Pupils are losing out by £606 a year each in Vale of Glamorgan, it has been claimed.
Leaders have written to every parent in the authority over what they have alleged is “chronic underfunding”.
The council has also flagged its concerns to the Education Secretary Kirsty Williams.
But the Welsh Government argued that it is up to every council in Wales to set its own education budget.
“We have some of the best schools and most able and enthusiastic teaching and support staff in Wales working here in the Vale of Glamorgan, but their work is being undermined by a flawed funding system,” said council leader, John Thomas.
He blamed a funding formula used by the Welsh Government to allocate budgets, which he said relied on data from 1991.
“It simply beggars belief that the funding of possibly the most important area of our work is determined by data that is almost 30 years old,” he added.
Official figures show the average amount spent on a school pupil in Wales every year in 2017-18 was £5,628.
In Vale of Glamorgan, the spend is £5,022 – £606 below the average.
The highest spend in Wales is in Ceredigion at £6,382 per pupil – £754 above the annual average.
The Welsh Government said that despite UK Treasury cuts, no single Welsh authority will face a cut in core funding of more than 0.5% next year.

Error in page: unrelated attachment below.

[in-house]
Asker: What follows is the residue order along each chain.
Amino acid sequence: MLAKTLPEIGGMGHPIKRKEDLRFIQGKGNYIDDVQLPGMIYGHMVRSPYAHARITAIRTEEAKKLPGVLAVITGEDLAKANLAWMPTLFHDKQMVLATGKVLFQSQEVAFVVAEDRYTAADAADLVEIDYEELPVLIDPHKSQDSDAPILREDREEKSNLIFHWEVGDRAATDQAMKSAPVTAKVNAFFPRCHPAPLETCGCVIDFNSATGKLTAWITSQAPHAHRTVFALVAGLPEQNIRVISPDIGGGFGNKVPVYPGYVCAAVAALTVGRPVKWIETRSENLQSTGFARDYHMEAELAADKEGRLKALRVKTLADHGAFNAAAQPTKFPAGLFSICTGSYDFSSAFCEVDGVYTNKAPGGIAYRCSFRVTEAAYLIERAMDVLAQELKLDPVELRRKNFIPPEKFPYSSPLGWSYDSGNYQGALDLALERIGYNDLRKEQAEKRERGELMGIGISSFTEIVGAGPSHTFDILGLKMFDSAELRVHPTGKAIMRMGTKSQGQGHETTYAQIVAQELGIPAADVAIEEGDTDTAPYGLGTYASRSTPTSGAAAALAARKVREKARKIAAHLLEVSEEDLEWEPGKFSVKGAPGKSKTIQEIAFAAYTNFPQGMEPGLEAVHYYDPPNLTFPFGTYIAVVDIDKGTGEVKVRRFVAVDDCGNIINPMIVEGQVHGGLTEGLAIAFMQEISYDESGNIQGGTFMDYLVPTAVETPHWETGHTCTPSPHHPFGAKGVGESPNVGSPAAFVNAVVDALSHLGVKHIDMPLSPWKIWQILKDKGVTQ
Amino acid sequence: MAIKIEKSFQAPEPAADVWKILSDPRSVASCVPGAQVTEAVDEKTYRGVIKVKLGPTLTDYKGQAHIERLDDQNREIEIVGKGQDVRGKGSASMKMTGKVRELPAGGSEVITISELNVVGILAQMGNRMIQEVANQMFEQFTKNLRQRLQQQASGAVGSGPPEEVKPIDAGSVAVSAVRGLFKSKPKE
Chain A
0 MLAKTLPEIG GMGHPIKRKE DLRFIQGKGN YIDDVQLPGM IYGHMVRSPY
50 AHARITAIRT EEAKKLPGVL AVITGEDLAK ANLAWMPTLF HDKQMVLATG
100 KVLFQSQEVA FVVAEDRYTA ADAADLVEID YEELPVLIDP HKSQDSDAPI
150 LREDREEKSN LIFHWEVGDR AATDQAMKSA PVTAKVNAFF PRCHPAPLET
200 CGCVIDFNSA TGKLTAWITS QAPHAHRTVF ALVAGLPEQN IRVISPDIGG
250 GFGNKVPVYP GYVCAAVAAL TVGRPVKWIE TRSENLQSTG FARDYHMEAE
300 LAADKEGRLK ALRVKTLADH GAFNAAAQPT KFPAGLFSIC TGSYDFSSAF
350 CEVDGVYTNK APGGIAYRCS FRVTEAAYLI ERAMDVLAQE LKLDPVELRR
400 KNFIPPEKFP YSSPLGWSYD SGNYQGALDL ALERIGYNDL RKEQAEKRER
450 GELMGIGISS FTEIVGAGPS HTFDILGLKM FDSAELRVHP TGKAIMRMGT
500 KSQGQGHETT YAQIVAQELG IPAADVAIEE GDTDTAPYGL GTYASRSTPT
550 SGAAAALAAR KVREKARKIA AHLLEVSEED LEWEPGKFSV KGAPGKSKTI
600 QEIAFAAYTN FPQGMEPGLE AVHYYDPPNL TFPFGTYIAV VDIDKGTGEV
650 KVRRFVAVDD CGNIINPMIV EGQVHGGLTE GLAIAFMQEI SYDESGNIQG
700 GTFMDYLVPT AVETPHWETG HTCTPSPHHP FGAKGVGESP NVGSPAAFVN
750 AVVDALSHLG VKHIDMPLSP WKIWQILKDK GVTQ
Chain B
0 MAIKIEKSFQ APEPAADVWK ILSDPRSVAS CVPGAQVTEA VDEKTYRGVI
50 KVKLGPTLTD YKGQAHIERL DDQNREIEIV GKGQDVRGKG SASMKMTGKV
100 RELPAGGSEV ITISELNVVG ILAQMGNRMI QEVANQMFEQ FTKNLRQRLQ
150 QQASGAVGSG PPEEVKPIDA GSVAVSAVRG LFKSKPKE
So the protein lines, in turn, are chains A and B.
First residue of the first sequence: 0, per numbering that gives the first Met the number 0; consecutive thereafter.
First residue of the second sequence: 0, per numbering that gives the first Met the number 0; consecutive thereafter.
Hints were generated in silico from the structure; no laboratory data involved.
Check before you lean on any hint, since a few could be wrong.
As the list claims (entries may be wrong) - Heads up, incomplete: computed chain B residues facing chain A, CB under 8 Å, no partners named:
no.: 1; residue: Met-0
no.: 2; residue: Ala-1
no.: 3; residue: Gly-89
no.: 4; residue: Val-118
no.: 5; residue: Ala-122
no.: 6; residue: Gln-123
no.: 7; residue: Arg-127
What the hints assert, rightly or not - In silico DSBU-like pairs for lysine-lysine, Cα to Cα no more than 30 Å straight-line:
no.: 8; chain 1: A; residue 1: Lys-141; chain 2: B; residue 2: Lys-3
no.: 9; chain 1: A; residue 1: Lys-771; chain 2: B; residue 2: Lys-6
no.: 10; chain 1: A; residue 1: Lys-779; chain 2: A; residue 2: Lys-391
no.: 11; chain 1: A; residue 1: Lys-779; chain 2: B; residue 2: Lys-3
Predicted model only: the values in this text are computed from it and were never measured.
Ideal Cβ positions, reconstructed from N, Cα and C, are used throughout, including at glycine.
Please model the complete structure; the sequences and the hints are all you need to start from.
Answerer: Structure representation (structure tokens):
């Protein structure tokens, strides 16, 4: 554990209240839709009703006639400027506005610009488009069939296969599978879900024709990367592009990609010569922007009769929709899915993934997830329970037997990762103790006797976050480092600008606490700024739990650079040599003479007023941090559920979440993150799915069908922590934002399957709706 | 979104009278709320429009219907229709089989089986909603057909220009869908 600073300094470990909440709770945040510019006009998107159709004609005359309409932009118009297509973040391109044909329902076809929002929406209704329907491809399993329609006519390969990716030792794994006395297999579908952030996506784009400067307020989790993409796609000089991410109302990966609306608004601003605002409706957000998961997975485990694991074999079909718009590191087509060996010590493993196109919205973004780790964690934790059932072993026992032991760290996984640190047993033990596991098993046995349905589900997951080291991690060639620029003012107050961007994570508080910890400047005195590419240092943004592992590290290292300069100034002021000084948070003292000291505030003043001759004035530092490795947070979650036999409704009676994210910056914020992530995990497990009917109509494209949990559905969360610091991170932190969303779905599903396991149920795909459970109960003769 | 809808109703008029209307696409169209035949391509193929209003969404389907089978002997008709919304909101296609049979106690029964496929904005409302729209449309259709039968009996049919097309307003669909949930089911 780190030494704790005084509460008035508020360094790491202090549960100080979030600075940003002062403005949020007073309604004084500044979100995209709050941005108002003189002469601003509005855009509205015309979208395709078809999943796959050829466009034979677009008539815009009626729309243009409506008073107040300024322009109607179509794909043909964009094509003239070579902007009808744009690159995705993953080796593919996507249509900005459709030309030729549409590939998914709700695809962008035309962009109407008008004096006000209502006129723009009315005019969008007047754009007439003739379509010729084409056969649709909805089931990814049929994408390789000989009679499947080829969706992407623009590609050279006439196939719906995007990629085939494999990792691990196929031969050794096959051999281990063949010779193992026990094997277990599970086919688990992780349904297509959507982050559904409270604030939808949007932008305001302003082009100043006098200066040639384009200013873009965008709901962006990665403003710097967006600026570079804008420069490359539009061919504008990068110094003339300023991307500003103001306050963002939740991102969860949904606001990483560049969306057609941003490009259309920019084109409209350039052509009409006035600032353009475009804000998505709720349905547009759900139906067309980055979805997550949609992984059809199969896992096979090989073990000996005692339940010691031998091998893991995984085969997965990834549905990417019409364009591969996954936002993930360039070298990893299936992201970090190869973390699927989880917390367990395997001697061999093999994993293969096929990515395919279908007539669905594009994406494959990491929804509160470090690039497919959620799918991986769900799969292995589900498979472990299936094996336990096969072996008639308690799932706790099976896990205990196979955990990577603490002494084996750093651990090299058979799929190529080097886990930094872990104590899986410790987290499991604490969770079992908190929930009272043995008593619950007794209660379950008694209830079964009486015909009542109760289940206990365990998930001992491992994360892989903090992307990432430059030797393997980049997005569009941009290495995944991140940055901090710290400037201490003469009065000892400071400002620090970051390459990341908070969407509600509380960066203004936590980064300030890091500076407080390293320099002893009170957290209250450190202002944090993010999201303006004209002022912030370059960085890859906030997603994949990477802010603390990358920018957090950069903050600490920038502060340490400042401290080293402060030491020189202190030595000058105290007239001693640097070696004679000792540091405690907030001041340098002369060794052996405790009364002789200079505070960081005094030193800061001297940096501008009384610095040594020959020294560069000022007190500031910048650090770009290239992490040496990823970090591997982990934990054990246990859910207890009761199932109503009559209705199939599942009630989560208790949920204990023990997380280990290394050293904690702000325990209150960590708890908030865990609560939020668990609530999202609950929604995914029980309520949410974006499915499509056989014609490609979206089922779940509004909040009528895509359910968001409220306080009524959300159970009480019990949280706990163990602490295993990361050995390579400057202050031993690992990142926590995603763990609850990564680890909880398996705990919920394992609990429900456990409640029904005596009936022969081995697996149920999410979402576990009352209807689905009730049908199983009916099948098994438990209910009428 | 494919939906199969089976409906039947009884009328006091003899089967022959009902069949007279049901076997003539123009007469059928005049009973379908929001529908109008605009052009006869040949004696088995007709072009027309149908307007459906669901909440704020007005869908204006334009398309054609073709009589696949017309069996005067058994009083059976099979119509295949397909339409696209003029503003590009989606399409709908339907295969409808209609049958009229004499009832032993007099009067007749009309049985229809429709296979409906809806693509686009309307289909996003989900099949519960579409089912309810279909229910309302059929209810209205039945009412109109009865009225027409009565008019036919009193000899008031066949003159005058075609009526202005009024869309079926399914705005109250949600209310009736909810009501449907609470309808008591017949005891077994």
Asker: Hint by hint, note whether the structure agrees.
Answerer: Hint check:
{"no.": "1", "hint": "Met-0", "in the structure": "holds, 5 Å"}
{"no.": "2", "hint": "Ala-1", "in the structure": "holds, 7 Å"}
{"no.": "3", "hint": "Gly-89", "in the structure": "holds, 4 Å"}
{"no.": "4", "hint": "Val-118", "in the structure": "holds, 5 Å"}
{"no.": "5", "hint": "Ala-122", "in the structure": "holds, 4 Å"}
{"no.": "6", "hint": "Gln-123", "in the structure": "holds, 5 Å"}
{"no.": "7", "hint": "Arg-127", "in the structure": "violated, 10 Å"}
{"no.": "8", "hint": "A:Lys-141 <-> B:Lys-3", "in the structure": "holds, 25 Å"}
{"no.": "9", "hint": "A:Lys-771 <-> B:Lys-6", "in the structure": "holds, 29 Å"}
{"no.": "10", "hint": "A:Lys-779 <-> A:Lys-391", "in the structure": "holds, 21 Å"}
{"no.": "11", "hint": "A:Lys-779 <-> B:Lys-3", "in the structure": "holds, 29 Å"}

Officials said Vale of Glamorgan had seen a slight increase in its core cash in the latest settlement – by about £300,000.
“We expect them to deliver our shared aim of high quality education for every child and set budgets at a level which gives every school the resources needed to reflect this priority,” said a Welsh Government spokeswoman.
School leaders’ union, NAHT Cymru, called on the Welsh Government to urgently review the formula used to calculate funding, claiming the current system was not fit for purpose.
Its president Damon McGarvie added: “Every child in Wales deserves sufficient funding within core school budgets to ensure they receive equal access to high quality education.
“An independent audit of school budgets is now vital, as well as a change to the formula used to calculate school budgets. Only then can we be sure that every child and young person in Wales is receiving the same basic level of investment, irrespective of their postcode.”